Grammar Moses: Read this column, if you’re so inclined

Is “vernacular” in your vernacular?

While it was part of my mom’s, “funicular” wasn’t. Those mountain-climbing trains — and really anything that climbed higher than a flight of stairs — is something she wanted no part in.

Both “vernacular” and “funicular” are peculiar words. Wouldn’t you agree?

Funicular cars are generally rectangular. Yet they are built on an angle, perpendicular to the horizon and not the tracks. The views from up top are spectacular, the ride up so steep it might have afflicted my mom with a cardiovascular event, however, nothing as serious as ventricular fibrillation.

These mountain trains weren’t essential parts of my vacations while I was growing up but rather extracurricular activities for those of us not saddled with a fear of heights (everyone but Mom and me.) But I’m braver now and jump on one whenever and wherever I get a chance. I’ll even pop for tickets for friends and relatives when I’m feeling avuncular.

I’ve found that crepuscular rides, in particular, are popular for offering sweet views of the sunset (best viewed with binocular telescopes, or “binoculars” for short.)

This, so far, has been different from my regular columns. I don’t often get so granular with vehicular descriptions. It was rather peculiar, I admit. But hopefully not too unpopular.

I imagine by now you’ve noted that I’ve used 18 words with a “-ular” suffix. So, why is “-ular” so popular? What does it mean?

It means “relating to” or “resembling.” Now that you know that, It’s a wonder there aren’t more words that employ it.

“Vernacular” comes from “verna” or “native.” It’s one’s everyday language. (Bonus: “Dialect” is different; it relates to a regional way of speaking.)

A “funicular” isn’t just something that’s fun, although it really is. In Latin, “funiculus” means “slender rope,” such as the slender cable that pulls a train car full of people up a mountain.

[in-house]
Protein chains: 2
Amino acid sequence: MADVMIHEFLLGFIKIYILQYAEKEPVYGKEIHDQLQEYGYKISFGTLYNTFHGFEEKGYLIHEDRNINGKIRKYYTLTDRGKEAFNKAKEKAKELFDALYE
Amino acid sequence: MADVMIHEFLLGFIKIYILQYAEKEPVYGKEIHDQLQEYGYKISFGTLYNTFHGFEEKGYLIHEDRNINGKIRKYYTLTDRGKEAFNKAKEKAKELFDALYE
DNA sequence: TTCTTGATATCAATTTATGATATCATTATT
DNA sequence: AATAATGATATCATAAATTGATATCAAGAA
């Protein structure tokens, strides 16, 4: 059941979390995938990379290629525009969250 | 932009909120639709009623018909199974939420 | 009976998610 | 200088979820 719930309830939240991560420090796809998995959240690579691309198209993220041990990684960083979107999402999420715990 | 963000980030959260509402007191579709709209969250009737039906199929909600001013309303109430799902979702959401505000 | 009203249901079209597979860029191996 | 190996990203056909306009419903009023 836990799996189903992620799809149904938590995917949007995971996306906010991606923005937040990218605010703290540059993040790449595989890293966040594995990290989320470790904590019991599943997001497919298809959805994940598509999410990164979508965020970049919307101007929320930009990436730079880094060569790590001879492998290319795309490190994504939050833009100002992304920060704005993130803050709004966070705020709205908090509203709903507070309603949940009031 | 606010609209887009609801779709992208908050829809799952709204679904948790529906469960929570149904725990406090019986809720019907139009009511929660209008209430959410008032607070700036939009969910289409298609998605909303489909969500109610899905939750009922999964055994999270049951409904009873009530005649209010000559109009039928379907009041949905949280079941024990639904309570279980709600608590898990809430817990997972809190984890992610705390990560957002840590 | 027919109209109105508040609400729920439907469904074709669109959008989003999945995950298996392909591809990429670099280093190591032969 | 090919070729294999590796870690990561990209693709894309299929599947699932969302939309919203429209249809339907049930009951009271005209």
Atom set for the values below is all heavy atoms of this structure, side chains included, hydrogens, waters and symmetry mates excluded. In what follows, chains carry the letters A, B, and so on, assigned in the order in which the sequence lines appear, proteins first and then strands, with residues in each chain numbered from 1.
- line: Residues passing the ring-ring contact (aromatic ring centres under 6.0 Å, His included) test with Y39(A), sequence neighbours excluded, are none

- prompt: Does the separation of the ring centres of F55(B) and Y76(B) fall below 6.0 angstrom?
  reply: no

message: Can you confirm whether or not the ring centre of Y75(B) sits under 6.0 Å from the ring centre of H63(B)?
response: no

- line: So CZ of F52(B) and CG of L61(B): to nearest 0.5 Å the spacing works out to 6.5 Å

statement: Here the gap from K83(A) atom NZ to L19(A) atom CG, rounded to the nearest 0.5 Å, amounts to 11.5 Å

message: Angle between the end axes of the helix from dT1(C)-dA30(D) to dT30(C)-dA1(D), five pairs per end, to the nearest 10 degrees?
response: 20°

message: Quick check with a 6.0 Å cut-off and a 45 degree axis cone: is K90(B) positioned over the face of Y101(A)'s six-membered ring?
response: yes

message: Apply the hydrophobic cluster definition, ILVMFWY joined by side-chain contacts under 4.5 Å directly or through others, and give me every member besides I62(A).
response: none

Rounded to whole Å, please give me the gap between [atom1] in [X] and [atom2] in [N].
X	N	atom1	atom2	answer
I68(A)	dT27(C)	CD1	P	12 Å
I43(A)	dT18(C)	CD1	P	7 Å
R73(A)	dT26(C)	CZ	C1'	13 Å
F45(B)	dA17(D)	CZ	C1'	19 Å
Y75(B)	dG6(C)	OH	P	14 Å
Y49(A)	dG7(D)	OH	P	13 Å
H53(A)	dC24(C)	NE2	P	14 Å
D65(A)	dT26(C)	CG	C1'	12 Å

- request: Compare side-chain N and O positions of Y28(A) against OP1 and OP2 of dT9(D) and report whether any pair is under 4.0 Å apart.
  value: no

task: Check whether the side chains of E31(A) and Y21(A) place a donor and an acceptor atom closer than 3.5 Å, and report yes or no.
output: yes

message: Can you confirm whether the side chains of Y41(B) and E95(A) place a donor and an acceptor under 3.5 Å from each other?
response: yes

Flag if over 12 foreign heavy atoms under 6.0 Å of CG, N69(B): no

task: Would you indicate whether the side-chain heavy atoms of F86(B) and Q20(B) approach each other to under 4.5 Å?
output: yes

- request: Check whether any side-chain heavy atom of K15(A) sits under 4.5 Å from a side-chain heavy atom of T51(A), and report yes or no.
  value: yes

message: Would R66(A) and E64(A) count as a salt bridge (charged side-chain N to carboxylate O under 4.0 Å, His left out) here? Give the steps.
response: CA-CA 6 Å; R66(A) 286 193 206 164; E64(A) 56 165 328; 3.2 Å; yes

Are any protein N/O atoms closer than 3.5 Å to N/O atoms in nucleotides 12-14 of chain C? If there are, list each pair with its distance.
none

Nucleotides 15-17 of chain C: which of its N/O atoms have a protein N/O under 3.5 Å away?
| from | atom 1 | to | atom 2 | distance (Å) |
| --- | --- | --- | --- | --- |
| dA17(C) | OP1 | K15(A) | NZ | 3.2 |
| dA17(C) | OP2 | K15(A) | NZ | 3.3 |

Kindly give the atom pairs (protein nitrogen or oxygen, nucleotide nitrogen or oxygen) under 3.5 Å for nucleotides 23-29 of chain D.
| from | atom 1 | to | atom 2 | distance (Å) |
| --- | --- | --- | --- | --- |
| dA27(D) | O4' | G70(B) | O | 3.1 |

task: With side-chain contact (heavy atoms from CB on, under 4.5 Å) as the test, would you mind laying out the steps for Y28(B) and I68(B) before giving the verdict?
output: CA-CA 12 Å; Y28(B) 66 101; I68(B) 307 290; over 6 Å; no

That’s one more reason my mother would probably have preferred not to even think about that word.

Pocket change

Sometimes a joke works, and sometimes it falls flat.

In last week’s cute, cuddly column on the names of baby animals I received nearly identical responses from a couple of you to the following: “Baby kangaroos are joeys. But so are baby koala bears, which you’d think would give birth to cubs. This might suggest a lack of imagination in Australia.”

Thanks to Kathy Tabak and Bev Bauer for pointing out that koalas are not a species of bear but rather marsupials, like their cousins the kangaroo. And that’s why they both give birth to joeys.

I was too focused on the “lack of imagination” punchline to concede I know this about koalas.

Interestingly, baby opossums are also joeys. They’re marsupials, too.

But opossums are not found in Australia. They have possums (not the colloquial American nickname) down there, and while they are decidedly cuter than the lumbering, beady-eyed North American variety, they too are marsupials. And, yes, they have joeys as well.

Going back two columns — the one on animal gender names — Bill McLean offered an addendum.

“I know of two high schools that use 'Lady Rams' for the girls sports teams' nickname,” he said. “Is that because the singular of 'Ewes' sounds just like 'Ewww'?”

I’m happy to tell you, Bill, that the information Grayslake Central submitted to the IHSA says all sports teams are Rams.

Decades ago, we decided to stop using “Lady” with team mascots, given how sexist that seemed at the time and how it is plain-as-day sexist today. (You know, the real Rams and the other version of the Rams).

That we ever did that makes me want to say “Eeeeew!”

Write carefully!

• Jim Baumann is vice president/executive editor of the Daily Herald. You can buy Jim’s book, “Grammar Moses: A humorous guide to grammar and usage,” at Write him at and put “Grammar Moses” in the subject line. You also can friend or follow Jim at

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